It’s now about almost three weeks since I started asking questions about gloves (if you haven’t seen the other posts they are here and here). Departmental policy, with approval from the UCL Safety Office, is that gloves should only be worn if there is a recognized need, to be determined on a case-by-case basis and that the routine wearing of gloves is to be discouraged.

So I went into our teaching labs today to see what was going on and to talk to the students. Slightly to my surprise, multiple boxes of disposable gloves had been issued, and perhaps as a result, over half of the students in the lab were wearing them. Here are two photographs of students who were making organic-soluble nickel complexes.

The hands of two undergraduates half way through a lab class in our Department. The question I put to them was: “Would your hands have this much stuff on them if you weren’t wearing gloves?”



I talked to them, and each one suggested that they probably wouldn’t have spilled as much had they been not been wearing gloves.  I also noticed that half of the students I spoke to (three out of six) used their gloves to adjust their hair while we talked. Another wiped his faces on the sleeve of his lab coat. None of them were aware of it until I pointed it out to them.

You might argue that this is a training issue and that we should spend more time spotting when students have dirty gloves and when they scratch or run their gloves through their hair. I would argue that these students need to take more responsibility for their own safety.

We have now received several hundred pairs of reusable Anson Sol-Vex nitrile gloves (shop around as prices vary wildly). For some reason they haven’t been issued to students in our teaching labs. We’ll see what happens over the next few days.

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More on gloves in the lab

[A picture of children doing experiments in the lab]

Children mixing citric acid and bicarbonate at a Salters Festival in a few years ago. Do the children need to be wearing gloves in this situation?

A few days I wrote about my worries about students wearing disposable gloves in the lab. I started discussing it with colleagues in the department, including several who sit on our safety committee. One of the comments that came out of these discussions was the number of incidents we’ve had over the past few years involving students transferring chemicals from their gloves to their face, neck, and elsewhere. In fact, if you stand and watch students in the lab – as I had occasion to this week – you see them contantly adjusting their safety specs and scratching their neck, nose, ears at regular intervals. All wearing gloves, of course. And because they are wearing the gloves, they are blissfully unaware that there might be anything on the outside of the glove.

The students, secondary school students,  who were dissolving zinc in quite dilute HCl were, of course all wearing disposable gloves. It’s true that they had to boil the solution to driness, but it’s hard to imagine anyone getting hurt doing that, especially as the procedure was carried out in a fumehood. Nevertheless they were instructed to wear gloves in addition to safety glasses and lab coat. I stood around and watched. The students didn’t have much to do while the solutions boiled and they stood and chatted. Their hands went up and down, touching, fiddling with mobile phones, onto benches and, inevitably, onto their faces.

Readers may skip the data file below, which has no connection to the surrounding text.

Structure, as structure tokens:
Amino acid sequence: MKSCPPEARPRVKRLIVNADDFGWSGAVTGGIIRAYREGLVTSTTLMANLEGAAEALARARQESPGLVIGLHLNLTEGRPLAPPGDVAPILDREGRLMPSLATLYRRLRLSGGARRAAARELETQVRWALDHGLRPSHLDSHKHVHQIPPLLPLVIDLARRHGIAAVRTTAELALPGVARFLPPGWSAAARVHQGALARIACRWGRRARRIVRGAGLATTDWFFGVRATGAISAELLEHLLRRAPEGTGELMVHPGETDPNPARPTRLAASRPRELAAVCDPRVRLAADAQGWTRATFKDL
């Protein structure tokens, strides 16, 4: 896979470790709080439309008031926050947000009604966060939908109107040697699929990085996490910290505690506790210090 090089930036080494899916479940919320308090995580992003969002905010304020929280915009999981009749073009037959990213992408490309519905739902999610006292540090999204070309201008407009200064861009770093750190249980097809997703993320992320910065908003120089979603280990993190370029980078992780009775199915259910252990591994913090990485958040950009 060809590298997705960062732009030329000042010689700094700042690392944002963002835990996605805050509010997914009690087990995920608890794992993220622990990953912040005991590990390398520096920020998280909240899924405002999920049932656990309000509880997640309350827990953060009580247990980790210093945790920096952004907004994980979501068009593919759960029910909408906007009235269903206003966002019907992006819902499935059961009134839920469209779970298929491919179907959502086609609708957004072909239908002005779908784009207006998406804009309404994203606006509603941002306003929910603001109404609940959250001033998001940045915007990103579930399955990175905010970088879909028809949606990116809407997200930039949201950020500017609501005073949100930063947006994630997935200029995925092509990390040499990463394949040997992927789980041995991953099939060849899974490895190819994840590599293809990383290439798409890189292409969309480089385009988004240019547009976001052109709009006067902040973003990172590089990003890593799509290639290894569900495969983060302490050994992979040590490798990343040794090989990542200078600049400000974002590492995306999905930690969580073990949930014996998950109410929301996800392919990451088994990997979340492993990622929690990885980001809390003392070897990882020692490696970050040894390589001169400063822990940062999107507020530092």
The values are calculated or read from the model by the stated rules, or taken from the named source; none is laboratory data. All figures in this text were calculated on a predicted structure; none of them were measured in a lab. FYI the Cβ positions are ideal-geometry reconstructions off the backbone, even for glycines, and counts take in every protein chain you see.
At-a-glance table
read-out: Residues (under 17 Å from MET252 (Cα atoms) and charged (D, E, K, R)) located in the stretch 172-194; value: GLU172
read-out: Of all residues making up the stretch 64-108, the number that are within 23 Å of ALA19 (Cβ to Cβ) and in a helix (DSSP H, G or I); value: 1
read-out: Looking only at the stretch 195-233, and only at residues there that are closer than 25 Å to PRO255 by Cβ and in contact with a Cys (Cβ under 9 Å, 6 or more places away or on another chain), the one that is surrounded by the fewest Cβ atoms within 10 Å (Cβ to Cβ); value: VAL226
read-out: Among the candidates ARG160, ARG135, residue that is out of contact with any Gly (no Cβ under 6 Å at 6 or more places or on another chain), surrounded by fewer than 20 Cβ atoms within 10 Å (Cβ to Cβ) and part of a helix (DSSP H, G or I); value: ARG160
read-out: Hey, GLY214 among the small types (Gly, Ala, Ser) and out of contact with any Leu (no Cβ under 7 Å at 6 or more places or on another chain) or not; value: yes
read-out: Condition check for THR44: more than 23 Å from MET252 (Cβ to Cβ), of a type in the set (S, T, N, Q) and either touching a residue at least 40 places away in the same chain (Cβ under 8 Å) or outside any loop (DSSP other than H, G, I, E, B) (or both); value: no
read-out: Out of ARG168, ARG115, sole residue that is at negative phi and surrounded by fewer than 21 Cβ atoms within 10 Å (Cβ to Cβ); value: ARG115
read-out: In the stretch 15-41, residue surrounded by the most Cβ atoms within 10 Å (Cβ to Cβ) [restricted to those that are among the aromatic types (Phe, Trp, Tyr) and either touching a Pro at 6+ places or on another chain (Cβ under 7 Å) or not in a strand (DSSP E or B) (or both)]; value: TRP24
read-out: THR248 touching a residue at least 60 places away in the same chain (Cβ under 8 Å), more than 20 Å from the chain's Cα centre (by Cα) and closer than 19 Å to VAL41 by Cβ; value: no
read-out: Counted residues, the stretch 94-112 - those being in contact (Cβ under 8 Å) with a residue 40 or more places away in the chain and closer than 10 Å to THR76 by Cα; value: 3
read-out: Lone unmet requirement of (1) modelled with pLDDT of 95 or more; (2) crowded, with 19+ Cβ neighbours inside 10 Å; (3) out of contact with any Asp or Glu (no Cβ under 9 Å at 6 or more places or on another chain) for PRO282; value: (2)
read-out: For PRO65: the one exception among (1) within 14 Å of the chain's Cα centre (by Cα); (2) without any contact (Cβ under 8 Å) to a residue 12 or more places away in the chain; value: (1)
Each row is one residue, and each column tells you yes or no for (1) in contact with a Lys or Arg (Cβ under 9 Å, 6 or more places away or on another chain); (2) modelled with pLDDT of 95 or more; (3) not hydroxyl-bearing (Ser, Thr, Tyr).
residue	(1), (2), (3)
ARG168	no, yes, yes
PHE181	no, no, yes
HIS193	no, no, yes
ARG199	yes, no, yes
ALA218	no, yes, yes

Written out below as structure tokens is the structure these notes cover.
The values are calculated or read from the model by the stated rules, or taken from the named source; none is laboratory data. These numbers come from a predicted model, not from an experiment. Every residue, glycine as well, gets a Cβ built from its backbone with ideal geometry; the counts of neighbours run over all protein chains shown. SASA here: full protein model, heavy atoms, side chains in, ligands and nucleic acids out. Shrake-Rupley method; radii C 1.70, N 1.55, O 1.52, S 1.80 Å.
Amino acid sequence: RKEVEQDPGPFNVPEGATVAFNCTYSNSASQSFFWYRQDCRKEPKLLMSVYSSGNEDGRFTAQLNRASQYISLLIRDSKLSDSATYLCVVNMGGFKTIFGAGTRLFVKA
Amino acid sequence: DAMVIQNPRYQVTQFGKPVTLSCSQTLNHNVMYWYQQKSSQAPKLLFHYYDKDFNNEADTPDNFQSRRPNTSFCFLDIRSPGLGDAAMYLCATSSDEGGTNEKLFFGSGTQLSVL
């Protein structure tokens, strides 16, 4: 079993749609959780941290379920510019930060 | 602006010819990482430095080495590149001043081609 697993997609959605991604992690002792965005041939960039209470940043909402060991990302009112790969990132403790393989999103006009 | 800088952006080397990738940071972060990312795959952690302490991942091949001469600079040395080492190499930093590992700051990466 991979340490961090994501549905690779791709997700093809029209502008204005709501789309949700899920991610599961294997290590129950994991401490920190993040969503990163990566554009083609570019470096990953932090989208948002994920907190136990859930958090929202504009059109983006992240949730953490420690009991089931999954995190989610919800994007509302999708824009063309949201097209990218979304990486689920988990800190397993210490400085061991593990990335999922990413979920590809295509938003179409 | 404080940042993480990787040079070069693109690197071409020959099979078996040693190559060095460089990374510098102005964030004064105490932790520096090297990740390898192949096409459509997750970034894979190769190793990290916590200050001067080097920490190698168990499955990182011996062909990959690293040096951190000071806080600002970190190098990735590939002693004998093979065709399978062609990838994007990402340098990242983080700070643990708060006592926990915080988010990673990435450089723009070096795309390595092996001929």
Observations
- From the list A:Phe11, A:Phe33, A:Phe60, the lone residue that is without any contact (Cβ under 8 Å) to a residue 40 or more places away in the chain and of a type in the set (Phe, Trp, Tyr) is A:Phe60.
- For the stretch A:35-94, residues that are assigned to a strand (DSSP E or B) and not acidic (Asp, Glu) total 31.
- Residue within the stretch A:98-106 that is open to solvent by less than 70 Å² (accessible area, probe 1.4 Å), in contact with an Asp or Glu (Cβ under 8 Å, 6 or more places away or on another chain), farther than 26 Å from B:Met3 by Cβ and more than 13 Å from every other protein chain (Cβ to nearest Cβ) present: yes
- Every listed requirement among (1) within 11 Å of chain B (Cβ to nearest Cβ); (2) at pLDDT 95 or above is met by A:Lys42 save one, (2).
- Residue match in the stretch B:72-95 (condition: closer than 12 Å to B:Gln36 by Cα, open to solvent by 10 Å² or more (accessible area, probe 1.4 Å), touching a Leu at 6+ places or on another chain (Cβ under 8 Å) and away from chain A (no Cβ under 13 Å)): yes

When I question them, the students  were horrified at the suggestion that maybe they should take their gloves off. Until, that is, we talked about it, and during the coversation I’d drawn attention to the fact that each one of them had touched their chin, cheeks, neck etc. with the gloves. Not to mention their phones, their pens, their notebooks.

But in a way, with an aqueous solution, you know that the gloves are an actual barrier. But we don’t do that much aqueous chemistry. We use solvents. You should try this a simple experiment: squirt some solvents – acetone or dichloromethane, say – into some nitrile or latex gloves and then wait to see how you soon you could smell the solvent. When I did it last week, the answer was “instantly”. In other words the gloves (and you only have to do is look up the manufacturers’ specifications to see that this is the case) provide no protection at all. Indeed what they do is trap the solvent between the glove and you, giving your fingers a little more quality time to interact. Your hands being damp, you aren’t even aware that it’s happening.

In the labs our students get solvents on their gloves all the time, especially when washing up.  It’s clearly nonsense. By providing gloves we are actually lulling our students into a false sense of security. They get stuff on their gloves and even if they’re aware of it, they just assume that because they have gloves on “it’s OK”. Risk compensation works in mysterious ways.

It’s very different if you don’t wear gloves. Today a colleague and I spent some time electrolyzing first molten potassium hydroxide (KOH), and then potassium carbonate at red heat (if you’re interested, it’s something to do with Brian “Delia” Cox). The spray from the bubbles generated in the electrolysis was intense and after a while everything was coated in a thick layer of KOH. We fiddled a little with the electrodes knowing full well that we had some ferociously caustic material a few centimeters from our hands.  And while doing so, I got some KOH on my skin. It stings. It feels soapy. But the sink is there, right behind you. You rinse. It’s sorted.

Now I’m not saying that one shouldn’t wear gloves under any circumstance. Far from it. Clearly there are issues of scale and of context. But what I am saying is that for the vast majority of procedures like the ones we conduct in our teaching labs, gloves may look smart but they have precisely the opposite effect to what we intend.

It’s wrong, it’s wasteful, and it’s expensive. And we have plenty of, for the most part, fairly minor incidents to deal with that probably would not happen if our students didn’t wear them.

So the plan is to go even further and actively discourage students from wearing gloves as a matter of routine in our labs. Why? Because, completely contrary to “common sense”, we believe they’ll be safer and actually work better in the lab.

Will it catch on? I wonder. It’s not going to be easy.